Every hypersurface ∑t amounts to a temporal instant, and the manifold then is an agglomeration of such instants understood as a one-parameter family. In the context of CQGs, there are a number of avenues from such an agglomeration to a bona fide manifold. The fact that there are such avenues is generated by the diffeomorphism gauge symmetry of GTR. The diffeomorphism constraint that is a vector field, the Hamiltonian constraint that is a scalar field, plus various gauge functions on the spatial manifold generates diffeomorphism gauge transformations Moreover, these constraints and functions evolve space forward one space-like hypersurface at a time. The entire theory remains generally covariant and so the laws hold for coordinate systems related by coordinate transformations that are both arbitrary and smooth. CQGs, therefore, understand both the geometry of the manifold and the gravitational field in terms of the evolutions of various fields, which are defined over space-like hypersurfaces ∑i on an assumed foliation.
Loop Quantum Gravity
Again, the leading and most popular CQG is loop quantum gravity. Proponents of this approach maintain that GTR can be simplified, and that one can understand the theory in terms of gauge fields. Quantum gauge fields can be understood in terms of loops. By analogy with electrodynamics, we can say that space-time geometry is encoded in electric fields of gravitational gauge fields. The loops appropriately related to such electric fields weave the very tapestry of space itself. According to LQG then, the fundamental objects are networks of various interacting discrete loops. Many proponents of LQG maintain that these fundamental networks are arrangements of spin networks.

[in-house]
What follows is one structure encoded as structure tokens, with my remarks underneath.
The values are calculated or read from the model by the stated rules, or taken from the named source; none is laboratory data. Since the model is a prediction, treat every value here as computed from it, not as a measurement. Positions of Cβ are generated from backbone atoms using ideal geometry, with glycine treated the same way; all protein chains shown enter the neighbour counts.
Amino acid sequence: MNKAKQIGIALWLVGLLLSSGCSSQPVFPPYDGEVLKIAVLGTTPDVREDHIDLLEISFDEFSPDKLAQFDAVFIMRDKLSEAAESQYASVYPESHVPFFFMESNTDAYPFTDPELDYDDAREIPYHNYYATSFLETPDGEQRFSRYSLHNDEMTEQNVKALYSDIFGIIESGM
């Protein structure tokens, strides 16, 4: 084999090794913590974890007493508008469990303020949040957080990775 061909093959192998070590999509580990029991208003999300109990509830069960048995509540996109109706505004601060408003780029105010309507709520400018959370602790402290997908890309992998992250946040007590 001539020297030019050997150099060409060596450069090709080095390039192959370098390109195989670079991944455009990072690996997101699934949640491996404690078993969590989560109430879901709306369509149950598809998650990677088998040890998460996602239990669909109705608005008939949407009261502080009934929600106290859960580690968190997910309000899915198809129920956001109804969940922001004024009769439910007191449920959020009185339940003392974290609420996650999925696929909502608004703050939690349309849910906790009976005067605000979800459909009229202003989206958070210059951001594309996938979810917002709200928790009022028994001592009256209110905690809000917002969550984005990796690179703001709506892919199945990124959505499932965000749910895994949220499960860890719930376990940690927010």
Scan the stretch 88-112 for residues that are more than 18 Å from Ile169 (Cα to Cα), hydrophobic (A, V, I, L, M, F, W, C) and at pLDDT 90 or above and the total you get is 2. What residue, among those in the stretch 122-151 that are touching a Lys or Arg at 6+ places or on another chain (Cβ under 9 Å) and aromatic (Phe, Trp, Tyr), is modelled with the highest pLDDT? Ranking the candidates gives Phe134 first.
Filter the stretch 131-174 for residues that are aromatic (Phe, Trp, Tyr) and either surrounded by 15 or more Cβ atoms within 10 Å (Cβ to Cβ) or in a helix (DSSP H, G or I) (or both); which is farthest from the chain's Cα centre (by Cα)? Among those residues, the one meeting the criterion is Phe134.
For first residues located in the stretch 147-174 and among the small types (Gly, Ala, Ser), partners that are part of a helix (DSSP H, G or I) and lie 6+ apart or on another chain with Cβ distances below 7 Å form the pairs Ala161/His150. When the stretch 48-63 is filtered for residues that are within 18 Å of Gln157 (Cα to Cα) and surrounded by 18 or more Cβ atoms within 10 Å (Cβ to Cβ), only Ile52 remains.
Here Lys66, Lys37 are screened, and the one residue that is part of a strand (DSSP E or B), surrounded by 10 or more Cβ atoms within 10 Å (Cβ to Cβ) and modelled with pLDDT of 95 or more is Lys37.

Spin networks do an amazing amount of work for LQG. They not only provide one with the means to solve the Wheeler-de Witt equation (see Jacobson and Smolin (1988)), but arrangements of such networks give rise to both the geometry of space-time (Markopoulou (2004, p. 552)), and a fundamental orthonormal basis for the Hilbert space in LQG’s theory of gravity. Furthermore, the role of spin networks in LQG recommends that LQG is non-separable. The causal structure of space-time is not determined by the categorical and local qualitative properties of space-time points and their spatio-temporal relations, nor by individual loops and spatial relations in which such loops stand. Let me explain.